TREM-1 small interfering RNA (siRNA) transfection

Negative control siRNA (UCUCCGAACGUGUCACGUT) and TREM-1 siRNA (CCCAGTGACACAACTACAA) were synthesized by RIBOBIO (China). siRNA (20 μM) of 1.25 μl and riboFECTTM CP Regent (RIBOBIO, China) of 3 μl were mixed in 30 μl riboFECTTM CP Buffer to generate a transfection mixture. Then the mixture was added into DMEM (siRNA concentration: 50 nM) and cultured with microglia for 48 h. Real-time polymerase chain reaction (PCR) and western blot analysis were performed to examine the transfection efficiency.

Histological staining

Mice were anesthetized and intracardially perfused with 0.9% sodium chloride followed by 4% paraformaldehyde (PFA). After postfixed in 4% PFA for 12 h, brains were dehydrated in gradient sucrose solutions of 10, 20, and 30% at 4 °C. Brains were then embedded in optimal cutting temperature compound (Sakura Finetek, USA) and cut into 15- or 25-μm sections.

Terminal deoxynucleotidyl transferase-mediated dUTP nick end labeling (TUNEL) staining

TUNEL staining was performed with the In Situ Cell Death Detection Kit, AP (Roche, USA) according to the manufacturer’s instructions. Briefly, frozen slides were sequentially incubated with 0.1% Triton X-100, 15% glacial acetic acid, and TUNEL mixture, followed by converter-AP. The signals were detected using BICP/NBT solution (Beyotime, China). Images were captured with an Olympus BX51 microscope.

Fluoro-Jade C (FJC) staining

Degenerated neurons were detected by FJC (Millipore, USA) as previously described29. Frozen sections were sequentially immersed in 1% NaOH/80% ethanol solution, 70% ethanol, and 0.06% potassium permanganate solution. The slides were then stained with 0.0001% FJC working solution.

Immunofluorescence staining

Samples were blocked with a solution containing 0.3% Triton, 3% goat serum, and 1% bovine serum albumin. To label BrdU, sections were preincubated with 2N HCL at 37 °C, followed by incubation with rat monoclonal antibody against BrdU (1:400; ab6326; Abcam, UK). For others, sections were incubated with antibody against TREM-1 (1:200; ab217161, Abcam, UK), Iba-1 (1:500; #019-19741, Wako, Japan), CD68 (1:200; MCA1957GA, AbD Serotec, UK), GFAP (1:500; ab4648, Abcam, UK), NeuN (1:500; ab177487, Abcam, UK), MBP (1:500; ab7349, Abcam, UK), vWF (1:500; ab6994, Abcam, UK), MPO (1:200; sc-16128-R, Santa Cruz Biotechnology, USA), SYK (1:200; #13198, Cell Signaling Technology, USA), and Gasdermin D (GSDMD) (1:200; sc-393581, Santa Cruz Biotechnology, UK) overnight at 4 °C. Sections were then incubated with appropriate secondary antibodies and DAPI (Sigma-Aldrich, USA). The positive signal was quantified by Image J software (NIH, USA).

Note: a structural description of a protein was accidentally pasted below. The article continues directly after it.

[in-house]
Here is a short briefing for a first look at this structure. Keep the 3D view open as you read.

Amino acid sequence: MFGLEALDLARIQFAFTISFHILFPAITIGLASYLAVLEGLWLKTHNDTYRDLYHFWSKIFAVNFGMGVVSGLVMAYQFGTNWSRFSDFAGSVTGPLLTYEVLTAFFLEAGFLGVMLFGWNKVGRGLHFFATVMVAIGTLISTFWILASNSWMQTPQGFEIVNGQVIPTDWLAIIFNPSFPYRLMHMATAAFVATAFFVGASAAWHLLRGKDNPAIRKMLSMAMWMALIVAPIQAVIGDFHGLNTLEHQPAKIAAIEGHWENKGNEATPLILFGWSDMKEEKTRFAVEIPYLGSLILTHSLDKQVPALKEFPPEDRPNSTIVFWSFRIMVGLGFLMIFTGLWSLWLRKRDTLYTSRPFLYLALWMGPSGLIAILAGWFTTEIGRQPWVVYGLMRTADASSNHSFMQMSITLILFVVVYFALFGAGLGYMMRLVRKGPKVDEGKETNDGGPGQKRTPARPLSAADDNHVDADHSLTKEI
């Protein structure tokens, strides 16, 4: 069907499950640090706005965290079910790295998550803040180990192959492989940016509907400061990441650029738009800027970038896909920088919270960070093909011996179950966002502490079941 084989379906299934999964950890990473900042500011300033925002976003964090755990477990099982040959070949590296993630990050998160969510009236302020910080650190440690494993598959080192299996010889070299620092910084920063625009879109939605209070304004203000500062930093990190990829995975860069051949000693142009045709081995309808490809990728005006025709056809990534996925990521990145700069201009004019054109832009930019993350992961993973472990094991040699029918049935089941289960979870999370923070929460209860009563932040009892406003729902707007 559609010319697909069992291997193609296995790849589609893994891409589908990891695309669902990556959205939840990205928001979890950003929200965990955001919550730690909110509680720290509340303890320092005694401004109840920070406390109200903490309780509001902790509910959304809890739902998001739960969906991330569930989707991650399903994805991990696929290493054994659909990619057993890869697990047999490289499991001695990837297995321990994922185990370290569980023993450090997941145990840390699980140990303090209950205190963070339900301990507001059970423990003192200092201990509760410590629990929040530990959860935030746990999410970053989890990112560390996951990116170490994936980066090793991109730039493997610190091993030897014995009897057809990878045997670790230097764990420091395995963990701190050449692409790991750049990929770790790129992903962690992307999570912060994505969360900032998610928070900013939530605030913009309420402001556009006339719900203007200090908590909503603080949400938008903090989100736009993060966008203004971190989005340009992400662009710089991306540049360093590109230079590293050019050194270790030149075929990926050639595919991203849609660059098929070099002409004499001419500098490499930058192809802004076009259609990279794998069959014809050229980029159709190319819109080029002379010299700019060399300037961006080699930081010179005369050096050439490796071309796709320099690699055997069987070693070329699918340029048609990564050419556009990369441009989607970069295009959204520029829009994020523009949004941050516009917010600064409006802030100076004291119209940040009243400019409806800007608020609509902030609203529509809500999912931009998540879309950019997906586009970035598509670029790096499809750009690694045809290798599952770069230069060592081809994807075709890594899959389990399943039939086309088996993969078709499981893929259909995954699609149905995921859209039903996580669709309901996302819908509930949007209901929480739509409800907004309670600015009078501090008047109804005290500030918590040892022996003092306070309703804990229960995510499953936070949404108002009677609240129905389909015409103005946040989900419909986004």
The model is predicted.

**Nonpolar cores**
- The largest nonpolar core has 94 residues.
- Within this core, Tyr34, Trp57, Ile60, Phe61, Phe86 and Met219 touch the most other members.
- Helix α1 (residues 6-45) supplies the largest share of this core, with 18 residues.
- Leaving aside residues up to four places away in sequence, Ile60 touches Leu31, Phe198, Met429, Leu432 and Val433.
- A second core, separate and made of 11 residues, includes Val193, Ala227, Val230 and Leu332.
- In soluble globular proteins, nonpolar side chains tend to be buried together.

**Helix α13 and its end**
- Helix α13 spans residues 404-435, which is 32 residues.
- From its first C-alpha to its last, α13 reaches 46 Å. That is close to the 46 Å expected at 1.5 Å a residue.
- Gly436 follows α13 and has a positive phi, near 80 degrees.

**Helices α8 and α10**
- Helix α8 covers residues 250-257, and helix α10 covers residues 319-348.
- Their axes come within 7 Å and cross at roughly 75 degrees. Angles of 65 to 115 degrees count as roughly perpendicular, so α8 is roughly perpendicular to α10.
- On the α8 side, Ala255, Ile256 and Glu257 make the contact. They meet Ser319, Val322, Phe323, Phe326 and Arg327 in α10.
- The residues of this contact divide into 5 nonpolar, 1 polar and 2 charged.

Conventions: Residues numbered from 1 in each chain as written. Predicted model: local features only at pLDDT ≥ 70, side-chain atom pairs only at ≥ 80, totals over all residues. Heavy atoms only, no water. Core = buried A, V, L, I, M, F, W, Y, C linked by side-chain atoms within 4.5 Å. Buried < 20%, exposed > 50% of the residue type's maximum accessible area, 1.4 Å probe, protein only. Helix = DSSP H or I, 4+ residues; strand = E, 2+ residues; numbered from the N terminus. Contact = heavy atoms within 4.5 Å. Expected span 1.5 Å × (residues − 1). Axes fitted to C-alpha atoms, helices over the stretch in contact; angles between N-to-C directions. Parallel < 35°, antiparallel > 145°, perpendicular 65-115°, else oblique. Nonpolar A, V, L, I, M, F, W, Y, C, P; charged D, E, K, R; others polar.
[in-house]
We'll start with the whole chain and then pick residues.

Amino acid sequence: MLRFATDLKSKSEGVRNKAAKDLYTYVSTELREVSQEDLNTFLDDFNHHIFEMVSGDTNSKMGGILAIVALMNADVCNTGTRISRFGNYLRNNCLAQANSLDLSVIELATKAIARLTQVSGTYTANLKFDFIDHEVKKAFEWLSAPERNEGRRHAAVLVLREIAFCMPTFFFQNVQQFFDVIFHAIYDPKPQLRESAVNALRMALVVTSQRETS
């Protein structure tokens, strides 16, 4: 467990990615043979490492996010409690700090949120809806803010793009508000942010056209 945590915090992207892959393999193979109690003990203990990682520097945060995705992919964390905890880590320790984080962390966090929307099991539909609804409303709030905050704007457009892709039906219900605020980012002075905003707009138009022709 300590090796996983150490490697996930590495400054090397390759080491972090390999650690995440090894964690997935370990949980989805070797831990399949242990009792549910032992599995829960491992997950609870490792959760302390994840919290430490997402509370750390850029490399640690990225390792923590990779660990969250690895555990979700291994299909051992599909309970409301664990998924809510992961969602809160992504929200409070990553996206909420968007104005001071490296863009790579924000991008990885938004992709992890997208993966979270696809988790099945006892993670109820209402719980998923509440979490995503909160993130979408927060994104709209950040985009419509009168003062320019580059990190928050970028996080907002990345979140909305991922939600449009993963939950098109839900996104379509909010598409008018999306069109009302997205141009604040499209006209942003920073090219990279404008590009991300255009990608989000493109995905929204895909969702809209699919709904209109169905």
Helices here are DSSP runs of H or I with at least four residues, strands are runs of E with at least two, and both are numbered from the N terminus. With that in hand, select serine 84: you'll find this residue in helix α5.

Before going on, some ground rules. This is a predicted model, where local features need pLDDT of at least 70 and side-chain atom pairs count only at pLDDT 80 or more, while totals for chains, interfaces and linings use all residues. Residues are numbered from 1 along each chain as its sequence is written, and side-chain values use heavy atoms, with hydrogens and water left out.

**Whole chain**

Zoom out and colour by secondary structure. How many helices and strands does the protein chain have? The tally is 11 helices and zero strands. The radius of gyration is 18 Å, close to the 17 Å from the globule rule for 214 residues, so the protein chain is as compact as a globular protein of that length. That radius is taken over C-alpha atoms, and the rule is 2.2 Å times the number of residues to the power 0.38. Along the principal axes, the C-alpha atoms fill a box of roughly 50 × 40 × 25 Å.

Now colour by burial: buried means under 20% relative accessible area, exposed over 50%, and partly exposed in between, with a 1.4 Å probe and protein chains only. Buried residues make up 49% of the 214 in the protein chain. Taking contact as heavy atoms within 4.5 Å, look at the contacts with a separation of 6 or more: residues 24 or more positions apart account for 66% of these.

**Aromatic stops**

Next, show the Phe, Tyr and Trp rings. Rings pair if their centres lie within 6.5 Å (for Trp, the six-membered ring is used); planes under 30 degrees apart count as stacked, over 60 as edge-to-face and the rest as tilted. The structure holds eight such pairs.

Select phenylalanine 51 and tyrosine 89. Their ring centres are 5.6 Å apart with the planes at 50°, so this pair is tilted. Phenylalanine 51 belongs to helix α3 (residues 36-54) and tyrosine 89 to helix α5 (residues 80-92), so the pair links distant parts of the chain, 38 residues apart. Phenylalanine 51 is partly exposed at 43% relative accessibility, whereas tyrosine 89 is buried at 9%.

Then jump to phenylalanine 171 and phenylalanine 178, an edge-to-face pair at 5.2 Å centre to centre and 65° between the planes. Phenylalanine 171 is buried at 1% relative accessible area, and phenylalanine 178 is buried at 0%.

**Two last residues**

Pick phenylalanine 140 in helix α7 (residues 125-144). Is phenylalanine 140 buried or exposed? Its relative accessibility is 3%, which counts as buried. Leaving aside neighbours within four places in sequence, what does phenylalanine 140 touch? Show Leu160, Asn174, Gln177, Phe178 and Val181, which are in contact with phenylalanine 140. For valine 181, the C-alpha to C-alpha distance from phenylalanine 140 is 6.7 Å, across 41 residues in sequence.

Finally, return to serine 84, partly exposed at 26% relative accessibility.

Enzyme-linked immunosorbent assay (ELISA)

Brain tissues from ischemic penumbra zone were dissected and homogenized. Cell culture supernatants were collected. The concentrations of IL-1β and IL-18 protein were detected utilizing the ELISA kits (Abcam, UK) according to the manufacturer’s instructions.

Electron microscopy

Peri-infarct tissue (1 × 1 × 1 mm) samples were immersed in 2.5% glutaraldehyde and then fixed in 1% osmium tetroxide. After dehydrated in ethanol and embedded in araldite, tissues were cut into 50–60-nm sections. Finally, the thin sections were stained with 3% uranyl acetate and lead citrate, and were then scanned using H7500 Transmission Electron Microscope (Hitachi, Japan).

Quantitative real-time PCR

Total RNA was extracted from peri-infarct tissues using TRIzol regent (Sigma-Aldrich, USA), and was reverse transcribed into cDNA with the RevertAid First Strand cDNA Synthesis Kit (Thermo Fisher Scientific, USA). Then quantitative real-time PCR was performed with UltraSYBR Mixture (CWBio, China), specific mouse primers (listed in Supplementary Table S1) and cDNA using the Mx3000P Real-Time PCR System (Agilent Technologies, USA). The mRNA expression of GAPDH was set as internal control. The results were expressed as fold changes compared with sham group in vivo or control group in vitro.


Total cell lysates from cerebral tissues or primary microglia were extracted and prepared by using weak radioimmunoprecipitation assay (RIPA) lysis buffer (Beyotime, China). Protein extracts of 500 μg were incubated with 1 μg of antibody against TREM-1 or control IgG overnight at 4 °C. The immune complexes were then linked to protein A/G-agarose beads (Cell Signaling Technology, USA) for 4 h. Finally, the eluted proteins were collected and were analyzed by immunoblotting.